Posts Tagged ‘Lorin Stein’
October 8, 2015 | by Dan Piepenbring
- The Belarussian writer Svetlana Alexievich has won this year’s Nobel Prize for literature. Read her piece “Voices from Chernobyl” from our Winter 2004 issue. “Alexievich,” The New York Times writes, “is best known for giving voice to women and men who had lived through World War II, the Soviet occupation of Afghanistan that lasted from 1979 to 1989, and the Chernobyl nuclear disaster of 1986.”
- Our editor Lorin Stein discusses translating Michel Houellebecq’s novel Submission—specifically, one sentence about arousal, Muslims, and politics: “At first I wrote, ‘Given the political situation, choosing a Muslim turned me on.’ But this was very un-Houellebecqian … One of us came up with arouse: ‘Arousing, in a way’ — for me, that’s how Houellebecq sounds. And even though the syntax doesn’t track the French exactly, it preserves the air of anticlimax, the slight fussiness, the stoicism of the original. The sentence became less brutal, less vulgar.”
- When he’s not making movies, Wim Wenders takes photographs—and yes, most of these photos contain landscapes, and sure, most of them are devoid of human life, but don’t call the guy a landscape photographer. He’s got your number. “I am not a landscape photographer. I am interested in people. I am interested in our civilization. I am interested in what traces we leave in landscapes, in cities and places. But I wait until people have gone, until they are out of the shot. So the place can start talking about us. Places are so much more able to evoke people when people are out. As soon as there is one person in the shot everybody looks at that person. If there is nobody in the shot, the beholder is able to listen to the story of that place. And that’s my job. I try to make places tell their stories about us. So I am not a landscape photographer. I am really interested in people, but my way of finding out things about people is that I do photos about their absence, about their traces.”
- When the Oregon Shakespeare Festival announced plans to translate all thirty-six plays into modern English, people got very pissed, very fast. These days we like our Shakespeare unadulterated; his genius, the thinking goes, reposes in his language. But it wasn’t always so. “So many serious Shakespeareans over the centuries have argued the opposite: that Shakespeare’s genius had to be salvaged from the obscure, indecorous, archaic, quibbling mess of his language. For poets, playwrights, editors, and actors from the seventeenth century through much of the nineteenth, Shakespeare’s language wasn’t intoxicating so much as intoxicated: it needed a sobering intervention.”
- North Korea just held its first photography exhibition curated by Western artists. Among the works on display were pictures by the Slovenian photographer Matjaž Tančič, who took portraits of North Koreans in—wait for it—3-D. And though that art form is liberating, his travels were not: “My guides would keep trying to trick me by taking me to the ‘beautiful bits’ like the pristine maternity hospital in Pyongyang, or a newly refurbished library. I’d keep trying to trick them into letting me talk to ordinary North Koreans.” Tančič described the country as “like a stage,” and then, later, “like a movie.”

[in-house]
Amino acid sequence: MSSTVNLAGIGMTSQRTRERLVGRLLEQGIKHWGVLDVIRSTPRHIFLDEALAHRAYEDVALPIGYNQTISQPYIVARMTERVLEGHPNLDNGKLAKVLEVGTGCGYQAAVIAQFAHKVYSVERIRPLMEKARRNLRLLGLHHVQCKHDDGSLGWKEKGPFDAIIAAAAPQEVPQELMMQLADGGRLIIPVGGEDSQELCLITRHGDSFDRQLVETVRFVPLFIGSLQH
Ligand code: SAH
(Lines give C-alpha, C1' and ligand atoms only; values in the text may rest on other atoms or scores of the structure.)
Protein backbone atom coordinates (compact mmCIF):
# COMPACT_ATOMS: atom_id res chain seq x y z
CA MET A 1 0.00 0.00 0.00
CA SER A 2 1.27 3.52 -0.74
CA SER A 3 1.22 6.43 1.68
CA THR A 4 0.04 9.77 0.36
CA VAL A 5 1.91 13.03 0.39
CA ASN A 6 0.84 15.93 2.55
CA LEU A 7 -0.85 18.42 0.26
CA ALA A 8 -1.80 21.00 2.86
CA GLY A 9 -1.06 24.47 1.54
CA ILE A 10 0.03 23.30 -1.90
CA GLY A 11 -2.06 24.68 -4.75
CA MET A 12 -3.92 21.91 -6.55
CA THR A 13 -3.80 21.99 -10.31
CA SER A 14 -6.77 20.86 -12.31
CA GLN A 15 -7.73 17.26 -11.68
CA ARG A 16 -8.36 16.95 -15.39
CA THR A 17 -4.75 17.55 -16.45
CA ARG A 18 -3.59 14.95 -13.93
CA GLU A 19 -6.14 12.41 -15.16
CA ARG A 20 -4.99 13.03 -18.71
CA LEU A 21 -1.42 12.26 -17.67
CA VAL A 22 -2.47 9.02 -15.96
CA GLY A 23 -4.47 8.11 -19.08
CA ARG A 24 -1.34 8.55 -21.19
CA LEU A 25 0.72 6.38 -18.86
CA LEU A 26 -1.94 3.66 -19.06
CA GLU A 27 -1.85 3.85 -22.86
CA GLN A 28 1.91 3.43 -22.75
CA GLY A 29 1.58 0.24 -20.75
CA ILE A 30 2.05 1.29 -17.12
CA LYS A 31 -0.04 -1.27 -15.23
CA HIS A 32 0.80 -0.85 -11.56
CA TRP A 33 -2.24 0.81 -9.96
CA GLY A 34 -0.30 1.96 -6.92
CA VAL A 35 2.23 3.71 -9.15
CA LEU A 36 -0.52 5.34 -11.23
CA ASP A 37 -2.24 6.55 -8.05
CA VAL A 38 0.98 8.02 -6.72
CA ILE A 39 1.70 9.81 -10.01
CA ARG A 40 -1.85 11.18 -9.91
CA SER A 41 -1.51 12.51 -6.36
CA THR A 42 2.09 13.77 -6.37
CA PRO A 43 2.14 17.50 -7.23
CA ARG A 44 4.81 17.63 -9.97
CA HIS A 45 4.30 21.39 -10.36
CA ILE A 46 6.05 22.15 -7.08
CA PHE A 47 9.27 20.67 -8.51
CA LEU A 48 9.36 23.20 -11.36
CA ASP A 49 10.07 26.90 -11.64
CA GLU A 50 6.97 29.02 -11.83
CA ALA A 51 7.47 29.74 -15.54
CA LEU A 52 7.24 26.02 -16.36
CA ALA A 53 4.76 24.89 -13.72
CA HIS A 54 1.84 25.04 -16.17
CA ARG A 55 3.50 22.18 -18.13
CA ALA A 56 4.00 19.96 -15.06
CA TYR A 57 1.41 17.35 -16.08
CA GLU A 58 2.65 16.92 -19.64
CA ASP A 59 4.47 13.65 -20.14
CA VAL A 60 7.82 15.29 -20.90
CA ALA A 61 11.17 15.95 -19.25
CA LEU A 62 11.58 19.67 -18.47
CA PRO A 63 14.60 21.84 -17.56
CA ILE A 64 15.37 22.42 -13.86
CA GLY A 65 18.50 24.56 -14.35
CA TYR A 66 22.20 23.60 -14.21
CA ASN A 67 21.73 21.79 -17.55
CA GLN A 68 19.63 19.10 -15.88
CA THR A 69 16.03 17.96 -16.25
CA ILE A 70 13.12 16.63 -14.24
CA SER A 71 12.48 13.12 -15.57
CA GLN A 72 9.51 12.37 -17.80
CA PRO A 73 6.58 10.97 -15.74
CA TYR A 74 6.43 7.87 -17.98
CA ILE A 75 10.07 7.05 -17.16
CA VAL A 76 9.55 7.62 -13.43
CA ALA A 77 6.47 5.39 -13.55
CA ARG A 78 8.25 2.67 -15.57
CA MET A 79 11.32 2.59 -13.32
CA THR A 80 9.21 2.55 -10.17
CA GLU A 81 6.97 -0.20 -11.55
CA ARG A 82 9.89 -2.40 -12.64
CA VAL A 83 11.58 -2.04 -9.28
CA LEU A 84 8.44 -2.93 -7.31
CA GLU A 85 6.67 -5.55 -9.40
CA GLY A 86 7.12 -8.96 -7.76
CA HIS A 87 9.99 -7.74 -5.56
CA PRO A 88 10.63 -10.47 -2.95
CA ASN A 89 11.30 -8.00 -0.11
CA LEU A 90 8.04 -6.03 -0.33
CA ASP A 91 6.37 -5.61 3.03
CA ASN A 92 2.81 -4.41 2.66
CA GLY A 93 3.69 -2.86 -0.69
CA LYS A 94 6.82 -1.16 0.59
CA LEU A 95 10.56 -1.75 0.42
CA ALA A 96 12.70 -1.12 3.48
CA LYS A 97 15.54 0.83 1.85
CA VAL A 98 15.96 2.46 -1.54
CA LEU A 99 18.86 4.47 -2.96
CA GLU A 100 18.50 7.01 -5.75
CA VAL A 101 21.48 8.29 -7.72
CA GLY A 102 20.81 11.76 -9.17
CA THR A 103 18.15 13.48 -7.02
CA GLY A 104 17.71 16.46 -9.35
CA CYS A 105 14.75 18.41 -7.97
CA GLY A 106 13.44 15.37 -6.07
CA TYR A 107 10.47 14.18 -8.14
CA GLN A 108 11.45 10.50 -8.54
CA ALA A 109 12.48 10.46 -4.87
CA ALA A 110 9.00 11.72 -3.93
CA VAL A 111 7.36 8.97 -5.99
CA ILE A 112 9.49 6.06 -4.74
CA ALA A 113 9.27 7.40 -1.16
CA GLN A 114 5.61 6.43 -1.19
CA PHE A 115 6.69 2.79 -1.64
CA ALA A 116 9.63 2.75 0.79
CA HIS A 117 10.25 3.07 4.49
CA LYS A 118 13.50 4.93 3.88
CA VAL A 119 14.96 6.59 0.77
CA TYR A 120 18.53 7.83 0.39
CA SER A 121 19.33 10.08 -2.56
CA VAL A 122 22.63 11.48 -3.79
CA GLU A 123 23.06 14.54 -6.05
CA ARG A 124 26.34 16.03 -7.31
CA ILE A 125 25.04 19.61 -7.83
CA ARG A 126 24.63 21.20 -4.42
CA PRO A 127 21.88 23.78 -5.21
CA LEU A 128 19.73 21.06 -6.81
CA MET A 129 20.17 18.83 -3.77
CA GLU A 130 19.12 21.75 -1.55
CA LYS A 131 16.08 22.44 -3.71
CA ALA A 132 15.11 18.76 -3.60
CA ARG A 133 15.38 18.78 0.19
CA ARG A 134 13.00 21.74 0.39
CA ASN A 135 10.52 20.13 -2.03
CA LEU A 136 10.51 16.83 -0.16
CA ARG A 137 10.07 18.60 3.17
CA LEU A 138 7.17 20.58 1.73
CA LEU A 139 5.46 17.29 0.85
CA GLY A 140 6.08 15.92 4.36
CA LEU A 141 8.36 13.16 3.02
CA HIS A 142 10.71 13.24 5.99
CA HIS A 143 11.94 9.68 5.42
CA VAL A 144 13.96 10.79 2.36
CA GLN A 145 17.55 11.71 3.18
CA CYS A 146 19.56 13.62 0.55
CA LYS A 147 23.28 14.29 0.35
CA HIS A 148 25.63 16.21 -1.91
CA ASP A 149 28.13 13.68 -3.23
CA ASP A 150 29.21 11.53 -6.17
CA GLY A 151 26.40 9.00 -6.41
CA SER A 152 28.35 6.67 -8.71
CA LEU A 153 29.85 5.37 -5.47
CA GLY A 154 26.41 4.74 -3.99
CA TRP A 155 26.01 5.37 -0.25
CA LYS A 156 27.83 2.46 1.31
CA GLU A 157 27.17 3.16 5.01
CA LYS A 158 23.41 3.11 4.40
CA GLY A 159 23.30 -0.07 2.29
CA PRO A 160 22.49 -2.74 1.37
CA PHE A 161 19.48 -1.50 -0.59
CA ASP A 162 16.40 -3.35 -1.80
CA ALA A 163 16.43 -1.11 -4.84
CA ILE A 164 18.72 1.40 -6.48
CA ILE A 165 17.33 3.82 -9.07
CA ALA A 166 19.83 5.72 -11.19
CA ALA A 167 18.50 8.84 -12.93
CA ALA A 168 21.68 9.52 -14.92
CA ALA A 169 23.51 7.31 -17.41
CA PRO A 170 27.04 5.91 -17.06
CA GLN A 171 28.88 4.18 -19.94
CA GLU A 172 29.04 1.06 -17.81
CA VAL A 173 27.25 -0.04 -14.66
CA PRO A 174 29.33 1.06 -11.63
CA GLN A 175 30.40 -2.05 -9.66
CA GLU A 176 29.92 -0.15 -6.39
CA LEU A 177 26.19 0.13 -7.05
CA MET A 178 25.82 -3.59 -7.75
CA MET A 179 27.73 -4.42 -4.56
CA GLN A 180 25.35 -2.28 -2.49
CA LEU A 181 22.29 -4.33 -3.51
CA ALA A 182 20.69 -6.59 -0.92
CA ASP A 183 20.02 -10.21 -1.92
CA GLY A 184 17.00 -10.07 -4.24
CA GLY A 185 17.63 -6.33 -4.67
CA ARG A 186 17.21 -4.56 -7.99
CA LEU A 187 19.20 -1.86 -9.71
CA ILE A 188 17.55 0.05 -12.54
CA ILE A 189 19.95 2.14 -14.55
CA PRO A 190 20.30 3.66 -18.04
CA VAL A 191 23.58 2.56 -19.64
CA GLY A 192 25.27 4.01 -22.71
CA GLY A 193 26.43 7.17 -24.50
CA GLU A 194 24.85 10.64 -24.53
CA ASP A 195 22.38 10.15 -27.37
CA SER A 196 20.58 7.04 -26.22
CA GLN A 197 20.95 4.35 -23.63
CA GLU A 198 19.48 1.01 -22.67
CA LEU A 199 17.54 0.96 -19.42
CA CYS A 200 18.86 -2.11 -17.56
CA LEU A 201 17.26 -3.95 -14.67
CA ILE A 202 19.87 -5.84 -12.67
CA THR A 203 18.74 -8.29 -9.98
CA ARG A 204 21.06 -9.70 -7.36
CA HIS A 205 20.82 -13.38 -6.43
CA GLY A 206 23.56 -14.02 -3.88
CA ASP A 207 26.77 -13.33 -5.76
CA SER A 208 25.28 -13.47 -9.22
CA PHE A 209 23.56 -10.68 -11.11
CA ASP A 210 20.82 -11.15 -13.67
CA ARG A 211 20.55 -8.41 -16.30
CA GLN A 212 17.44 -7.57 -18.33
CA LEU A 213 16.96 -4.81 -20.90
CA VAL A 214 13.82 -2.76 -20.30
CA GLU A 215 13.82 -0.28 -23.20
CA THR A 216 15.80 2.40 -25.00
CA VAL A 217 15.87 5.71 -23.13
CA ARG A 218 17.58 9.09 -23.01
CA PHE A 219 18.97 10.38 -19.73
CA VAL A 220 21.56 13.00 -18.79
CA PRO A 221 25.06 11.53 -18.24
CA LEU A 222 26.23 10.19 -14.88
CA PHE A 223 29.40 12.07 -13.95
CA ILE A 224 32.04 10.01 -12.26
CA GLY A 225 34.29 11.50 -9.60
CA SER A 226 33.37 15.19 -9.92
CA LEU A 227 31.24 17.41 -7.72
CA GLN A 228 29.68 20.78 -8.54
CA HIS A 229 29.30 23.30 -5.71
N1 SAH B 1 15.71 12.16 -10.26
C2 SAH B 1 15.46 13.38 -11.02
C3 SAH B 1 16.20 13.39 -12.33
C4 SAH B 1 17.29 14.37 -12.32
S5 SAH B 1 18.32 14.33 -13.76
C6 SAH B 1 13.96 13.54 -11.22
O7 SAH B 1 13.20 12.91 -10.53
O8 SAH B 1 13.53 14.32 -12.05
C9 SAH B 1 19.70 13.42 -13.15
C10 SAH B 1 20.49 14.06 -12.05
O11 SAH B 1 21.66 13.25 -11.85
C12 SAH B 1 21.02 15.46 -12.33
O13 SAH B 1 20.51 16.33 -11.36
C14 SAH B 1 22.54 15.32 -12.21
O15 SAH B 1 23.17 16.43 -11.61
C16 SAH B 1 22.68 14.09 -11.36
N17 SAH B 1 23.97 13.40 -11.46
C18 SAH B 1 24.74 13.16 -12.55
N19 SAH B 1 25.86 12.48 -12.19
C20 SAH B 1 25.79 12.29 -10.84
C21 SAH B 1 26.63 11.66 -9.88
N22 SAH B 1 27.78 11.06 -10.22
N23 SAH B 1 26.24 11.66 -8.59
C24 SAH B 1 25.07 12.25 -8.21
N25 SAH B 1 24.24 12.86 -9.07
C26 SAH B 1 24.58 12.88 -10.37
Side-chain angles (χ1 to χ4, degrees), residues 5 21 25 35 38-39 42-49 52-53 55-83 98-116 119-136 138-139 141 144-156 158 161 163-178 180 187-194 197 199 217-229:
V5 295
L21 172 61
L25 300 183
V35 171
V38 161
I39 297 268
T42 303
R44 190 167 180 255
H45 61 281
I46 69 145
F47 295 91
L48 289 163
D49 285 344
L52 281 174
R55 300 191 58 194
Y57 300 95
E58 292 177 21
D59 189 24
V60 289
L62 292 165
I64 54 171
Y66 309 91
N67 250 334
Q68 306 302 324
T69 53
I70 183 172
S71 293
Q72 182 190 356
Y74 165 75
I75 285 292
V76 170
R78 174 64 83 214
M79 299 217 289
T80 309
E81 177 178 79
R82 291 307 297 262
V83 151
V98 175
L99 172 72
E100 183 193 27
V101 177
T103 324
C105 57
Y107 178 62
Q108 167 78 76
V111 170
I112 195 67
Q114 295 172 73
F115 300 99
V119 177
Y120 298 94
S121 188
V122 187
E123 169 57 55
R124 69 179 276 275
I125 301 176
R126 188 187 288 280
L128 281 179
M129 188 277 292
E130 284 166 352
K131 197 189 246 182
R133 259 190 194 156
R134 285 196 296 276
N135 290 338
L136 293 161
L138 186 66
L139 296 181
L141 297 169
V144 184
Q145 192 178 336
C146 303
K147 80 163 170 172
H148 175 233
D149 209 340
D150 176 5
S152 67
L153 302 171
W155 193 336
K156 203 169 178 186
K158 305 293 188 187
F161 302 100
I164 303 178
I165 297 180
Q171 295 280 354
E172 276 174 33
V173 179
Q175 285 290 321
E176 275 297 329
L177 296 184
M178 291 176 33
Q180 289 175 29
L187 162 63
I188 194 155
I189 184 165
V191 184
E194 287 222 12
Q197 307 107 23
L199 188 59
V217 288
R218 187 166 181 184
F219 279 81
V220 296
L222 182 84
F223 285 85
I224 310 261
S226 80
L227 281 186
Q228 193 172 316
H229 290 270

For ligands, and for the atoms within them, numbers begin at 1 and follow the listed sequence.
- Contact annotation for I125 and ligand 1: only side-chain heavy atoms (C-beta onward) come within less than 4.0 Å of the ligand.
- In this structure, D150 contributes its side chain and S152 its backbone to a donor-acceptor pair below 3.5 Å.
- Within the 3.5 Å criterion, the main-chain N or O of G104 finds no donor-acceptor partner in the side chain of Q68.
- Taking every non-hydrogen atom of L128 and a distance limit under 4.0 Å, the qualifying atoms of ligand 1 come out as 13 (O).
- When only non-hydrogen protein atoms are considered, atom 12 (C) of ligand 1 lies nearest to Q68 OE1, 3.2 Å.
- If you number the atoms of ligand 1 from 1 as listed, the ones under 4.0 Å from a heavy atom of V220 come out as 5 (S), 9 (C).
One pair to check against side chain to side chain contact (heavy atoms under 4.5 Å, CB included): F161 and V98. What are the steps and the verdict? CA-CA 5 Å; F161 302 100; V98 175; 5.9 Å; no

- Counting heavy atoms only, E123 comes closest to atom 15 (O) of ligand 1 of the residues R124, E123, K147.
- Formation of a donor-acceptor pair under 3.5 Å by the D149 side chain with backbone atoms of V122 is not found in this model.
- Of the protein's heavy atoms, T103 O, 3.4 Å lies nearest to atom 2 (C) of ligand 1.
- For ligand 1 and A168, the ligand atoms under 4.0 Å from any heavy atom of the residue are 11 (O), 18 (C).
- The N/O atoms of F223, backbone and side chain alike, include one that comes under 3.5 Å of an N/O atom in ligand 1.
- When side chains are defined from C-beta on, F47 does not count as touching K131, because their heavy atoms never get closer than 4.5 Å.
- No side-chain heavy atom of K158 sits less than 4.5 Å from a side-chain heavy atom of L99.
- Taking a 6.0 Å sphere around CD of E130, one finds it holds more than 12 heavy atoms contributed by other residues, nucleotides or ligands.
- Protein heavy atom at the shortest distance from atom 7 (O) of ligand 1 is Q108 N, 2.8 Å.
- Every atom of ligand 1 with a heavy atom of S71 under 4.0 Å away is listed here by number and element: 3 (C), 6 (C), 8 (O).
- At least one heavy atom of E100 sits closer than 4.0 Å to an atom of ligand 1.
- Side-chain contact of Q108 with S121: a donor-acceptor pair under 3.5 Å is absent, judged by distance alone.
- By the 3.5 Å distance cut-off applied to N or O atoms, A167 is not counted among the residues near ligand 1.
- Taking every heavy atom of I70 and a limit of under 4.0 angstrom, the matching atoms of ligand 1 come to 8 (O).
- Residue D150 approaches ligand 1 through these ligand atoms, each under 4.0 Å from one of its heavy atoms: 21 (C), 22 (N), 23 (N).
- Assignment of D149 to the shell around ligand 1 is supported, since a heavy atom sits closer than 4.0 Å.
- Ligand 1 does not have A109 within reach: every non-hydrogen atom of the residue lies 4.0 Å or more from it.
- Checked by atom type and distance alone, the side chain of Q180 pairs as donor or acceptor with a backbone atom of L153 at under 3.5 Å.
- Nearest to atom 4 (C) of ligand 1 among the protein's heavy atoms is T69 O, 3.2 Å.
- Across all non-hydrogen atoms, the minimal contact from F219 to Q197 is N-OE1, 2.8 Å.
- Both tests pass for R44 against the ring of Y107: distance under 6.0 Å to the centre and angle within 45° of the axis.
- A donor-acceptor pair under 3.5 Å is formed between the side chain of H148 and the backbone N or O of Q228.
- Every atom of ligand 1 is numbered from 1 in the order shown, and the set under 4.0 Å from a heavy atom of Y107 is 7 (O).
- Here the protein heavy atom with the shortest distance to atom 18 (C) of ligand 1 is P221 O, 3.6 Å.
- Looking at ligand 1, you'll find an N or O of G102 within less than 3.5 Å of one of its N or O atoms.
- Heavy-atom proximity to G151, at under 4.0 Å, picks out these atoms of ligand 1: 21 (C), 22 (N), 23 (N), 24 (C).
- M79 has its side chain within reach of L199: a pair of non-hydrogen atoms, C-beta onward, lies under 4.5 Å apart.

August 25, 2015 | by The Paris Review
This November, we’re publishing our first anthology of new writing in more than fifty years. The Unprofessionals: New American Writing from The Paris Review features thirty-one stories, poems, and essays by a new generation of writer. It’s a master class, across genres, in what is best and most alive in American literature today.
Take a look at the cover and you’ll recognize names such as John Jeremiah Sullivan, Atticus Lish, Emma Cline, Ben Lerner, and others who have become emblematic of a renaissance in American writing. Although these are younger writers, already any history of the era would be incomplete without them. At a moment when it’s easy to see art as another product—and when writers, especially, are encouraged to think of themselves as professionals—the stories, poems, and essays in this collection have no truck with self-promotion. They turn inward. They’re not afraid to stare, to dissent, or even to offend. They answer only to themselves.
In the coming months, we’ll reveal more about the anthology, which Akhil Sharma calls “the best possible introduction to the best literary magazine we have.” Stay tuned!
April 20, 2015 | by Dan Piepenbring
Tomorrow evening (Tuesday, April 21), join us in Brooklyn at the BAMcafé, where our editor, Lorin Stein, will talk to Chris Ware as part of BAM’s Eat, Drink, and Be Literary series.
Zadie Smith has said, “There’s no writer alive whose work I love more than Chris Ware.” His latest book, Building Stories (2012), pushes the boundaries of the comic format—it’s a series of books, broadsheets, scraps, and pamphlets focusing on the inhabitants of a single building in Chicago. The Paris Review’s interview with Ware ran in our Fall 2014 issue, for which he also designed the cover. “The quote marks that fine art put around picture making in the mid to late twentieth century just seemed a dead end to me,” he says, speaking of what led him to pursue comics:
Sarcasm can only go so far. I just figured there must still be various ways to make art “about” something without making it bad or sentimental. Comics basically seemed a way toward this goal for me, especially since they are a language meant to be read, not seen—which is a frighteningly interesting and very human way of perceiving the world, and one that’s generally given short shrift, especially in art schools.